We look to a Toronto abode for eight Swedish seasonal decor ideas worth stealing.
Come winter, the coziness and understated beauty that define Scandinavian design are all the more welcome – and this Toronto abode lets it be known. Read on for eight Swedish decor ideas worth stealing this season.
1 Get adventive: Forgo the chocolate Advent calendar this year in favour of a fabulous DIY creation. Count down the days until Christmas with 24 mini paper gift bags. Embellish each with natural finds like twigs and sprigs of greenery before securing them onto a fabric-covered corkboard.
2 Embrace nature: Bring the serenity of Scandi style into your home by drawing inspiration from the wintry outdoors. Here, a fresh evergreen wreath and garland, bird ornaments and a stack of logs subtly spruce up the fireplace wall.
3 Style strategically: Nordic design is all about capturing the magic of minimalism – even at Christmas. Scope out simple yet striking seasonal adornments like the ornate paper snowflakes festooning this banister, which nod to the holidays but are still in keeping with the entryway’s calming neutral palette.
4 Pare back parcels: Let’s face it: Wrapping holiday presents in layers of red and green is a tad overdone. Go against the grain this year and opt for soft-hued paper, such as this white ribbed style. Then adorn your gifts with burlap ribbon and sleek DIY gift tags.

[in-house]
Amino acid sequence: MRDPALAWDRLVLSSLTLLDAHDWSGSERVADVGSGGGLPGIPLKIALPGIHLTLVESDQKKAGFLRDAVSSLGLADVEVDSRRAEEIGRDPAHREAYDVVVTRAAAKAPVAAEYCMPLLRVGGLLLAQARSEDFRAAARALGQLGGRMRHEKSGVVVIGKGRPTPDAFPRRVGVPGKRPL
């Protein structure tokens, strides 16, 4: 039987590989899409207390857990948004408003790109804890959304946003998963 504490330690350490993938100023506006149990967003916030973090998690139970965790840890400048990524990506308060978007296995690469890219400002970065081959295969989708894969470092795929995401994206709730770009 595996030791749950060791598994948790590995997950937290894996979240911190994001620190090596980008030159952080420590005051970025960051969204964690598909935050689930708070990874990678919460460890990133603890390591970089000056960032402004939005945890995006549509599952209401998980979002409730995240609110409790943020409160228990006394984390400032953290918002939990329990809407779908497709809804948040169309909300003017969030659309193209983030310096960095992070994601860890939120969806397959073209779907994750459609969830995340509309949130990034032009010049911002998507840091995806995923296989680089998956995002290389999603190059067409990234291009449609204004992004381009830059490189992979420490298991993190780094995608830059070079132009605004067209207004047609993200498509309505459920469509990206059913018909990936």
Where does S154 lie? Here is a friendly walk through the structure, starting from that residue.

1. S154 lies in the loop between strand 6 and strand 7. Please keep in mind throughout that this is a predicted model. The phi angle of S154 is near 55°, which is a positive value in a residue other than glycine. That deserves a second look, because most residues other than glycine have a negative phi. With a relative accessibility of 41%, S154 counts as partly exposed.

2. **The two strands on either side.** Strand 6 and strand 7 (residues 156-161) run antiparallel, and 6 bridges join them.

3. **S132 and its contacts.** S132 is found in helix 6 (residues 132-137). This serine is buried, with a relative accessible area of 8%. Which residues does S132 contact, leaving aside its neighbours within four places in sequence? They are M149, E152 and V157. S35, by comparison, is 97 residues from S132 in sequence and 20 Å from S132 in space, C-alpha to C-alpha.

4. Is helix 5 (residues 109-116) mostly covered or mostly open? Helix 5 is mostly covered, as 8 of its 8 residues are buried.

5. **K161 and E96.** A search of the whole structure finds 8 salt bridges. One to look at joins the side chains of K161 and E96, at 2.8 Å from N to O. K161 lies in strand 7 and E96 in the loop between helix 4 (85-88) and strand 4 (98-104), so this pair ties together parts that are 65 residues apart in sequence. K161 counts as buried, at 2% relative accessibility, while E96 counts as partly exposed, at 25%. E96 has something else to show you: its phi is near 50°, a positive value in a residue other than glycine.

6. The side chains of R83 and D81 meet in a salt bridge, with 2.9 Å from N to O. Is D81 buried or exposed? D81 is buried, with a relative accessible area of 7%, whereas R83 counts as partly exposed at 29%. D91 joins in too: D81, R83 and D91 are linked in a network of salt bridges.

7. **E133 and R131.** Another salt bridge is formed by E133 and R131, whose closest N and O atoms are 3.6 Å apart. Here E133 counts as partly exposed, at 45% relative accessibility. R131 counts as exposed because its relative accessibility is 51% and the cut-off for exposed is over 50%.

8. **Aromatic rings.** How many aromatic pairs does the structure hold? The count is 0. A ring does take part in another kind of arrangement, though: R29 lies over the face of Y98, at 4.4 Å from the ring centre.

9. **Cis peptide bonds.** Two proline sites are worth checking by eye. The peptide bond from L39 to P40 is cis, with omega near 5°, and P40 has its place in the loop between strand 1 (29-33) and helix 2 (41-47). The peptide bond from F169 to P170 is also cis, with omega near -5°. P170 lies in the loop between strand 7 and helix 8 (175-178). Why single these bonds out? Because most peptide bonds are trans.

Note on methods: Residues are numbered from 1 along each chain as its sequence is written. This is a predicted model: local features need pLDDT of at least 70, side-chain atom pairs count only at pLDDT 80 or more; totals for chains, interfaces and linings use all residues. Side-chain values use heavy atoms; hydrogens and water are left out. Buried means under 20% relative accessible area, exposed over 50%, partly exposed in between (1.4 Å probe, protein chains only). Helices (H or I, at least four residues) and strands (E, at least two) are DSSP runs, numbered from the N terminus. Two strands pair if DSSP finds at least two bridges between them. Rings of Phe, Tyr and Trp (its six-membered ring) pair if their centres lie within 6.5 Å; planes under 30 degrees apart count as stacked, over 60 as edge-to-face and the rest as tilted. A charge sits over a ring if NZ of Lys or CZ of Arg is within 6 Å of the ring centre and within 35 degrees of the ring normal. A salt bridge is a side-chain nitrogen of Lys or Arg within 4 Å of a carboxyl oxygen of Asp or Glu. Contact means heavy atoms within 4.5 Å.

5 Add whimsy: While there’s nothing wrong with decking out your home in an array of colourful baubles, the Swedes favour subtler star-shaped decorations. Think of the bunting seen here as an alternative to string lights that’s quieter but still offers the same dreamy quality.
6 Create seasonal swag: Make your living space sparkle and shine by fashioning your own festive garland. Cut holiday shapes out of shimmery paper or wallpaper swatches and stitch them together delicately with white thread.
7 Welcome neutrals: How do you take a muted space from sterile to sophisticated? Home in on the details. Elements like mismatched chairs and a non-operational fireplace filled with logs lend enough interest to this bright dining room so that, come December, a few festive accents feel like plenty.
8 Layer textures: When temperatures dip into the negative double-digits, we crave all types of comfort. Emulate the Swedish way of combatting the cold with heaps of texture, whether through small details (stylish place settings and votive candle holders wrapped in yarn) or larger additions (a faux sheepskin throw).
Learn how to use everyday materials to create playful winter decorations.
Pull out the string, tape, paper and scissors – with a little creativity, these everyday materials can be transformed into decorations that bring to life a whimsical winter wonderland.
1 Wallpaper: Craft your very own snowfall with these pretty avant-garde snowflakes made by accordion-folding white craft paper into pinwheels and snipping with scissors. Add in one or two bold-hued pinwheels for impact.
2 Wrap stars: A tableau of gifts dressed up in white wrapping will lend an ethereal effect both under your tree and around your home. And don’t skimp on the ribbon – let it trail delicately from the presents in long sweeping curls.
3 Advent honours: Forget brown paper pack- ages – these sweet gift bags embellished with paper cut-outs and “sewn” up with string make a fun Advent calendar. Numbered paper hearts on the ends of the ties indicate the days.
4 Bow beautiful: Rethink the ubiquitous holiday bows this year by making your own signature snowflake gift adornments using white craft paper and scissors. Use contrasting string to attach these beauties to your parcels.